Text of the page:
Tuesday, March 24, 2015

Very Special Run of the Mill

I first really started watching movies seriously in the 90s so maybe that's why it feels kind of remarkable to me now that I can view a movie as a typically 90s art house film. But that's how I'd describe 1998's Left Luggage, a film about Jewish communities in Antwerp in 1974. Devices I would have thought so unobtrusive in the 90s are largely what overwhelm this film in lieu of any real life. It does work in a few places, mostly due to performances by Laura Fraser and Isabella Rossellini, but as a whole it slips under waters of formula and passionlessness.

You might recognise Fraser from Neverwhere or Breaking Bad. The film follows her character's, Chaya's, point of view as a young woman whose chaotic lifestyle is partly a reaction against her parents' endlessly dwelling on their experiences as refuges in World War II. The title, Left Luggage, refers both to her father's (Maximilian Schell) obsession with finding a suit case he buried somewhere during the war and with Chaya's disconnect from her heritage and community.

After she quits her latest job washing dishes at a cockroach infested restaurant, her friend, a laid back middle aged scholarly fellow played by Chaim Topol, refers her to a nanny job for an Hassidic family after she complains to him she's so sick of Jews. Do you think someone's about to learn an important lesson?

The family is the film's director, Jeroen Krabbe, as the taciturn and strict Mr. Kalman, Rosselini as his only slightly less strict wife, and three prepubescent boys and baby twins. One of the little boys, Simcha, for some reason never speaks. What are the odds that this nanny who wears miniskirts who comes in and shakes up their world will get their little kid to talk? I mean, how unlikely would that be?

In the Kalman's building is the most anti-Semitic concierge in Antwerp played by David Bradley whom Chaya continually butts heads with, finding herself sympathising with her Hassidic employers more and more as a result. Once again, she's asserting herself by reacting against something, an issue the film doesn't address and I don't think the filmmakers were conscious of or considered important.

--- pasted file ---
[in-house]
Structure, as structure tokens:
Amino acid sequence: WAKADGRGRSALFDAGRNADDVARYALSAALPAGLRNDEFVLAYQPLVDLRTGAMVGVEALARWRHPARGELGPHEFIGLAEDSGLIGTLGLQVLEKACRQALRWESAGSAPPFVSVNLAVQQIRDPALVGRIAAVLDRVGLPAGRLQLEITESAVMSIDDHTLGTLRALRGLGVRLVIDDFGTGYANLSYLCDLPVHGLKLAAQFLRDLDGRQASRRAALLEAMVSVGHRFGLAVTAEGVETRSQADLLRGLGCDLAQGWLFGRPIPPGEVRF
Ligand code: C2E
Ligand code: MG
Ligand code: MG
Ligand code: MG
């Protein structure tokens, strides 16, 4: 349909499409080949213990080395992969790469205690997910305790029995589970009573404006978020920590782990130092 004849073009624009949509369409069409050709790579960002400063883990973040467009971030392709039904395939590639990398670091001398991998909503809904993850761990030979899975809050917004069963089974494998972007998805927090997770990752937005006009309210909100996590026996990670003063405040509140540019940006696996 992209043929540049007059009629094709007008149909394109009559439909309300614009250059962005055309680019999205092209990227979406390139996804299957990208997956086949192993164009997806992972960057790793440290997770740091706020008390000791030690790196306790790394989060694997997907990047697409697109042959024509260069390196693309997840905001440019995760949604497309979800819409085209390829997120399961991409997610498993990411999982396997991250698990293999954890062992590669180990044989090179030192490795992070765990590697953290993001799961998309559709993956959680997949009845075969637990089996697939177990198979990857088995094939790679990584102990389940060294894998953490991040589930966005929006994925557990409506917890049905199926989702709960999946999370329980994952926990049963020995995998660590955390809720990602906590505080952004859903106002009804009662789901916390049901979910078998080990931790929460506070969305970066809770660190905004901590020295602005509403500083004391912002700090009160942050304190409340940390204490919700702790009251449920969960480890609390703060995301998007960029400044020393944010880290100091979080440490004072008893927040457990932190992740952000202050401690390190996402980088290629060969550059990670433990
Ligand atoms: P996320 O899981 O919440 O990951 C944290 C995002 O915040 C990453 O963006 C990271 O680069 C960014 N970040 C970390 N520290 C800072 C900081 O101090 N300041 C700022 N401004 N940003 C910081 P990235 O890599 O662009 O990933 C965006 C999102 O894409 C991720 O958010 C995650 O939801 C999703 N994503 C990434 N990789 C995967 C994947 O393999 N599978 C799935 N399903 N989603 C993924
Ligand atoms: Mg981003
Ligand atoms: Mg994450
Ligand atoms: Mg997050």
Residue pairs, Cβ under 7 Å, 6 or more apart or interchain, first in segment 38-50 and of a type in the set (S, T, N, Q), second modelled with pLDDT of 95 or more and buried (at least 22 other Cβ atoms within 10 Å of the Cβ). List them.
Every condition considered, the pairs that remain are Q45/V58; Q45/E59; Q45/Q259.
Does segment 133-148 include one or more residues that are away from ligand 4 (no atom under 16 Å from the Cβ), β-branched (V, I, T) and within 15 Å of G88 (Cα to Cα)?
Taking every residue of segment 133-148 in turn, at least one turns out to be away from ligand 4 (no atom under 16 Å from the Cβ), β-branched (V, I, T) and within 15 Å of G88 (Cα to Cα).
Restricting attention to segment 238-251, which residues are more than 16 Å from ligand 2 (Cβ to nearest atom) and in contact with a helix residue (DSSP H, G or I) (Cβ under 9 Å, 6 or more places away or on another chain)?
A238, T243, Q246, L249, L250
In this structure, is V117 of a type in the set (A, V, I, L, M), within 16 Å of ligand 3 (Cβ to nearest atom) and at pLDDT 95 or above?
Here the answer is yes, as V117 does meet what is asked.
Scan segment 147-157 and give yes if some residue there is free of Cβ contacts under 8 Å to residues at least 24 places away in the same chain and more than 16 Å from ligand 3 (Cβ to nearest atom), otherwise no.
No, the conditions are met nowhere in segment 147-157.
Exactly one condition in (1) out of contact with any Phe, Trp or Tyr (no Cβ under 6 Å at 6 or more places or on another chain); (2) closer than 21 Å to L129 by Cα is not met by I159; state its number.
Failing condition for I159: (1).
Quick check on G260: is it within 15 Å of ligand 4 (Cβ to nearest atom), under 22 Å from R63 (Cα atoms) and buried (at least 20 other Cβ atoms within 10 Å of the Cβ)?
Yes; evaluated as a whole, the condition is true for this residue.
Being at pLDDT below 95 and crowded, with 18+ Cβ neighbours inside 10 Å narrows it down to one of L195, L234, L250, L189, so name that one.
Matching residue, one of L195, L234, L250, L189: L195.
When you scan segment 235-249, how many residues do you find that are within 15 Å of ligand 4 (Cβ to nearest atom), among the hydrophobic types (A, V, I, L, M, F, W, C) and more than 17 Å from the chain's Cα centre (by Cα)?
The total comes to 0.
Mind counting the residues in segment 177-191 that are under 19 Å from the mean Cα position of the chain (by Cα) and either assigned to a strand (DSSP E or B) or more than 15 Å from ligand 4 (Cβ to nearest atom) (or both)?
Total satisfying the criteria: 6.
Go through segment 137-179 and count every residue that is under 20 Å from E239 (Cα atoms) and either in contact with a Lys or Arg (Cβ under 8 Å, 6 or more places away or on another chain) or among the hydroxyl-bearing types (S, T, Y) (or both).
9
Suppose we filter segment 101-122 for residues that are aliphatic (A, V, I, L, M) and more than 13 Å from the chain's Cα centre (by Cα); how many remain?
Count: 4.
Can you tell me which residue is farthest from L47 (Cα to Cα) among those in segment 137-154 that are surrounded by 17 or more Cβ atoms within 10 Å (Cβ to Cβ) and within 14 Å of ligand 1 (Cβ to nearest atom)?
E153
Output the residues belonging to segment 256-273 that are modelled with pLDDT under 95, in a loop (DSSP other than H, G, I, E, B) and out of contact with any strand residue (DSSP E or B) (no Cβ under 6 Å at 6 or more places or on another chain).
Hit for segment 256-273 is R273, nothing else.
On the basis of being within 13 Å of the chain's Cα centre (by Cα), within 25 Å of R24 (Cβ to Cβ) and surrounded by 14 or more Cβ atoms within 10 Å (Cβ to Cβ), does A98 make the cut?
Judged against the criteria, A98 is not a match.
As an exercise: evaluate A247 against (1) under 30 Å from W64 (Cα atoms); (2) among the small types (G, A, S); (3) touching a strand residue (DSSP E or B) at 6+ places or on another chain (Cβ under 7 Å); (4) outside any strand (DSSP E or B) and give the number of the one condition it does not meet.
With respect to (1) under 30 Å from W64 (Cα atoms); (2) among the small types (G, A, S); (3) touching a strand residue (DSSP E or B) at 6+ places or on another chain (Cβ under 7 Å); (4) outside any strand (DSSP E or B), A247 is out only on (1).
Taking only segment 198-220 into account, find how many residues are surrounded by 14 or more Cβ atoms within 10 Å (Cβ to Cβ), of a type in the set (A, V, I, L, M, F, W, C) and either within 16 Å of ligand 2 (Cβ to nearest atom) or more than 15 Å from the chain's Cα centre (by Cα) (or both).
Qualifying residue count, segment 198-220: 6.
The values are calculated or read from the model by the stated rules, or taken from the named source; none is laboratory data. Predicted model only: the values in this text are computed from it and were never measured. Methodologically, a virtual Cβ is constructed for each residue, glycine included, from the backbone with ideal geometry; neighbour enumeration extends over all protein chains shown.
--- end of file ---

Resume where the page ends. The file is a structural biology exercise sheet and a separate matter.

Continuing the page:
This film by a male writer and male director mostly about women feels disconnected from its characters by lazy traditional perceptions of women. There's a scene where Chaya enters the kitchen and sees Mrs. Kalman burst into tears. When I see Isabella Rossellini cry like that I think, "Dennis Hopper has assaulted her or she wants Kyle MacLachlan to assault her." But it turns out to be a Lucy Ricardo crying fit, the kind we're supposed to react to with bemusement at the frailty that is woman.

In another scene, a confrontation between Chaya and Mr. Kalman which ends in him impressing upon her the horror he suffered during the war abruptly cuts to a full frontal nude shot of Chaya and her friend jumping backward into a lake. I didn't mind this so much, although it doesn't exactly make sense. I guess Krabbe was drawing a contrast between the formal lifestyle of the Kalmans and the still carefree and hedonistic lifestyle of Chaya, but it was an odd moment for it. Still, who knows, maybe Chaya and her friend like to go skinny dipping, people do, I guess.

This is the second movie in a row I've watched with a somewhat inexplicable nude women group bathing scene. I'm not exactly complaining, but when it's probably the best moment in a movie about a young woman learning to connect with the suffering her parents experienced and honour their traditions, something might be wrong.

I won't spoil the ending for you but it makes a lot less sense than the skinny dipping and is a much bigger issue since it was designed to rip your heart out. It's incredibly cheap and makes you resent the movie.

Twitter Sonnet #729

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